Why Customer Experience Should Never Be Overlooked on Your Landing Page

June 17, 2021 Content Marketing no comments

Wish to improve brand perception, increase sales, and grow bottom-line performance? Start with your landing page.

Almost every element of your landing page can be the difference between a conversion and a customer who clicks away.

While most business owners know how important landing page design can be, only some consider customer experience (or CX) when creating these pages.

Customer experience is commonly overlooked in landing page design, but is possibly one of the most important elements in creating pages that convert.

These five reasons show why every business owner and website designer should consider CX when creating a landing page.

1. Landing Pages Are a Key Brand-Building Opportunity

The most effective landing pages should be closely aligned to your business’s overall brand. This helps to make your landing page stand out from the competition, while allowing you to build your brand at the same time.

Simple considerations like tone, colour, shape, language and the use of graphic design elements can have a major impact on how customers feel about your brand identity.

We know from CX research that visitors develop opinions on pages extremely quickly — within just 50 milliseconds (or 0.05 seconds) according to some studies.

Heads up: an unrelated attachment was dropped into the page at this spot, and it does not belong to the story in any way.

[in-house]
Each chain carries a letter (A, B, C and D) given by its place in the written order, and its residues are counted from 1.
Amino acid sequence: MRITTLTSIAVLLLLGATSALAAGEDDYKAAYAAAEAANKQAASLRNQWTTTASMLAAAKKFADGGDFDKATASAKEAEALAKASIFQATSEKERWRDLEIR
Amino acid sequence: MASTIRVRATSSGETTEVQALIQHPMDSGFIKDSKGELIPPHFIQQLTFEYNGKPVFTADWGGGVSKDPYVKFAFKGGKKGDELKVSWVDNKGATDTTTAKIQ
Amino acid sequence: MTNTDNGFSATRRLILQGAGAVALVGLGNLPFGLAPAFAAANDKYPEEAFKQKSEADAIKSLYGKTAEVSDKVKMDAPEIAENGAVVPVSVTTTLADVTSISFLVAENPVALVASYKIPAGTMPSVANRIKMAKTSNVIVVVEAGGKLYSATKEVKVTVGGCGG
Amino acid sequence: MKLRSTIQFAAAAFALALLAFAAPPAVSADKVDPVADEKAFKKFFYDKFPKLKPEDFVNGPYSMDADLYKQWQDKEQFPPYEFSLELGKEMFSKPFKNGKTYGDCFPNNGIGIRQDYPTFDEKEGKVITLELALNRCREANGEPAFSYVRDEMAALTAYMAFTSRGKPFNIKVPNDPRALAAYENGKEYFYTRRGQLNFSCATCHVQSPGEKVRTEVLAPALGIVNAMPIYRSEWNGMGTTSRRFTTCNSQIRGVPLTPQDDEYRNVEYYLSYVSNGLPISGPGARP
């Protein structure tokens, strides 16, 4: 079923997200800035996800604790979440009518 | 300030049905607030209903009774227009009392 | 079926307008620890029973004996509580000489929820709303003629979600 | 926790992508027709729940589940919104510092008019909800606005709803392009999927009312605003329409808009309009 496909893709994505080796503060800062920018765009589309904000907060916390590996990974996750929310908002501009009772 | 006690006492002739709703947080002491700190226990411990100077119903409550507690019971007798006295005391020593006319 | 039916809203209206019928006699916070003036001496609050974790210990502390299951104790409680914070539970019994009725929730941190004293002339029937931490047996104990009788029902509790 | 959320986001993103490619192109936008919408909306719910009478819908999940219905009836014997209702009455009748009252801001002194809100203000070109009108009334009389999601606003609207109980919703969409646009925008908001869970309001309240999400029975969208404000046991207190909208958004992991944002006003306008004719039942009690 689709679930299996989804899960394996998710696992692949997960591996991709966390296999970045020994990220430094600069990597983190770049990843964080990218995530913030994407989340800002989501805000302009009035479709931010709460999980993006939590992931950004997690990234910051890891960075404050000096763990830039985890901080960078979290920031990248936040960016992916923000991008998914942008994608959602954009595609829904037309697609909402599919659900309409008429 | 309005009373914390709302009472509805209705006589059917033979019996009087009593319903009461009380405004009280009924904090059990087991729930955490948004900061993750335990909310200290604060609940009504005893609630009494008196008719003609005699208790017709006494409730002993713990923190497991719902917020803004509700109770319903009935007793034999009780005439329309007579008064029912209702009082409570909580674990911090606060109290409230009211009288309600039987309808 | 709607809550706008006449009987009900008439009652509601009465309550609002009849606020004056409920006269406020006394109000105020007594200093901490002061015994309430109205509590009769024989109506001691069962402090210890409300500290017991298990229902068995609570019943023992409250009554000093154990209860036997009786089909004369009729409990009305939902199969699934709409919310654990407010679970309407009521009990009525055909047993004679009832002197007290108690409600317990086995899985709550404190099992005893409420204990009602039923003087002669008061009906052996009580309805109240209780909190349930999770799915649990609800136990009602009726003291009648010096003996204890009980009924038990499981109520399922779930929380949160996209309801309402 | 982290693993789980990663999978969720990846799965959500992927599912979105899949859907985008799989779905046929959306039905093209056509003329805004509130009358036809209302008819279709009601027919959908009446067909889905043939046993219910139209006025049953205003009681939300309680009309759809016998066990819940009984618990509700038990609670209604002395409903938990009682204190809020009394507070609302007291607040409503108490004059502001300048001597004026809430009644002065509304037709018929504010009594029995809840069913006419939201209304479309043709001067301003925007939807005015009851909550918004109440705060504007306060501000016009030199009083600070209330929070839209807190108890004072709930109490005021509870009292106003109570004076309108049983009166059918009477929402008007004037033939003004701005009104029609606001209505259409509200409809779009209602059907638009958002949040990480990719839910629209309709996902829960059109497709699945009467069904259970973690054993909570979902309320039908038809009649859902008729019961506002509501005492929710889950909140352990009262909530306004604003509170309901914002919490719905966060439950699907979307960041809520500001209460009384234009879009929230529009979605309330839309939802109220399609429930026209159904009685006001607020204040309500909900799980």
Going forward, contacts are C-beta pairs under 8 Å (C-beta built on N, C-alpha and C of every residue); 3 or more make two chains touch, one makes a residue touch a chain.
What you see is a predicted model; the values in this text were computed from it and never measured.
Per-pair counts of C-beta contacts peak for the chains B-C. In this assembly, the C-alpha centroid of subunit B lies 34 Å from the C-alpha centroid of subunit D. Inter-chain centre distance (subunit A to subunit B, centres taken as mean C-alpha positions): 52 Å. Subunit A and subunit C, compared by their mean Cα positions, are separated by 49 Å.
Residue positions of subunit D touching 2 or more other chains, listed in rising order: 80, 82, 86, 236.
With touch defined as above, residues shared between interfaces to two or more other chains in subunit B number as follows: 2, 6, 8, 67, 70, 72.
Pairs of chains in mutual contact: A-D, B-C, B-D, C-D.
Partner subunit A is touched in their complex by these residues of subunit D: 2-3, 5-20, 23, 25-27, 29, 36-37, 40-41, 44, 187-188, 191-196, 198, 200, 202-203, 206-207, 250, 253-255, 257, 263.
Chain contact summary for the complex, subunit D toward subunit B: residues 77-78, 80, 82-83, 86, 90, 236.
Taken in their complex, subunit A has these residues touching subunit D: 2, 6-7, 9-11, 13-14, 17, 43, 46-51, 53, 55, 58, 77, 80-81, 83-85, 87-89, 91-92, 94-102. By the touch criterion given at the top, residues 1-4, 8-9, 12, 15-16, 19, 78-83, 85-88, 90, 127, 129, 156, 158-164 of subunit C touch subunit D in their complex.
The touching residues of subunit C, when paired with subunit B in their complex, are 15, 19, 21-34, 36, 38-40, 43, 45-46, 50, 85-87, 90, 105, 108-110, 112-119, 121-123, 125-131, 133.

Before visitors read anything about what you’re promising, they’re taking in the look and feel of your page and judging your brand purely based on its online aesthetics.

At the same time, these aesthetics present an invaluable opportunity to build your brand and reinforce associations which visitors may have.

Carefully aligning your landing pages with your overall branding strategy will help you both create more effective designs and strengthen your business’s identity at the same time.

2. Small Details Can Set Visitor Expectations

Even the smallest changes to a landing page can have a major impact on how they’re perceived by visitors. Changes that help your visitors to know what a link will do are often some of the most impactful edits you can make.

For example, check out this landing page from ParetoHealth, an employee health benefits solution provider.

Its recommended resources section uses a few design elements to clearly set visitor expectations.

The combination of the resource title and a preview image of the resource helps visitors know roughly what each link will contain — reducing the risk that they may get lost or end up browsing content that’s not relevant to their interests.

Descriptive titles like “Three Years, $6M Saved” also help to guide visitor expectations — before you click, you have a good idea of the message this graphic is going to communicate.

3. Interactive Design and Real-Time Communication

Real-time communication is one of the best ways to field visitor questions as they arise.

New tools like chatbots, live customer service chat and co-browsing allows you to provide direct support to visitors who are already interested in your brand.

Even simple interactive elements can go a long way if it’s not possible for you to implement an AI-powered chatbot or labour-intensive live chat widget.

For example, check out this landing page from Landbot — a developer of interactive chatbots for landing pages.

The page shows off what the company offers using an interactive chatbot that, through pre-set dialogue options, allows a visitor to learn more about the service at their own pace.

The site effectively functions as both an interactive help system and product demo. If potential customers have questions about how the service works or what kind of utility it can offer, this page can probably put some of their concerns to rest.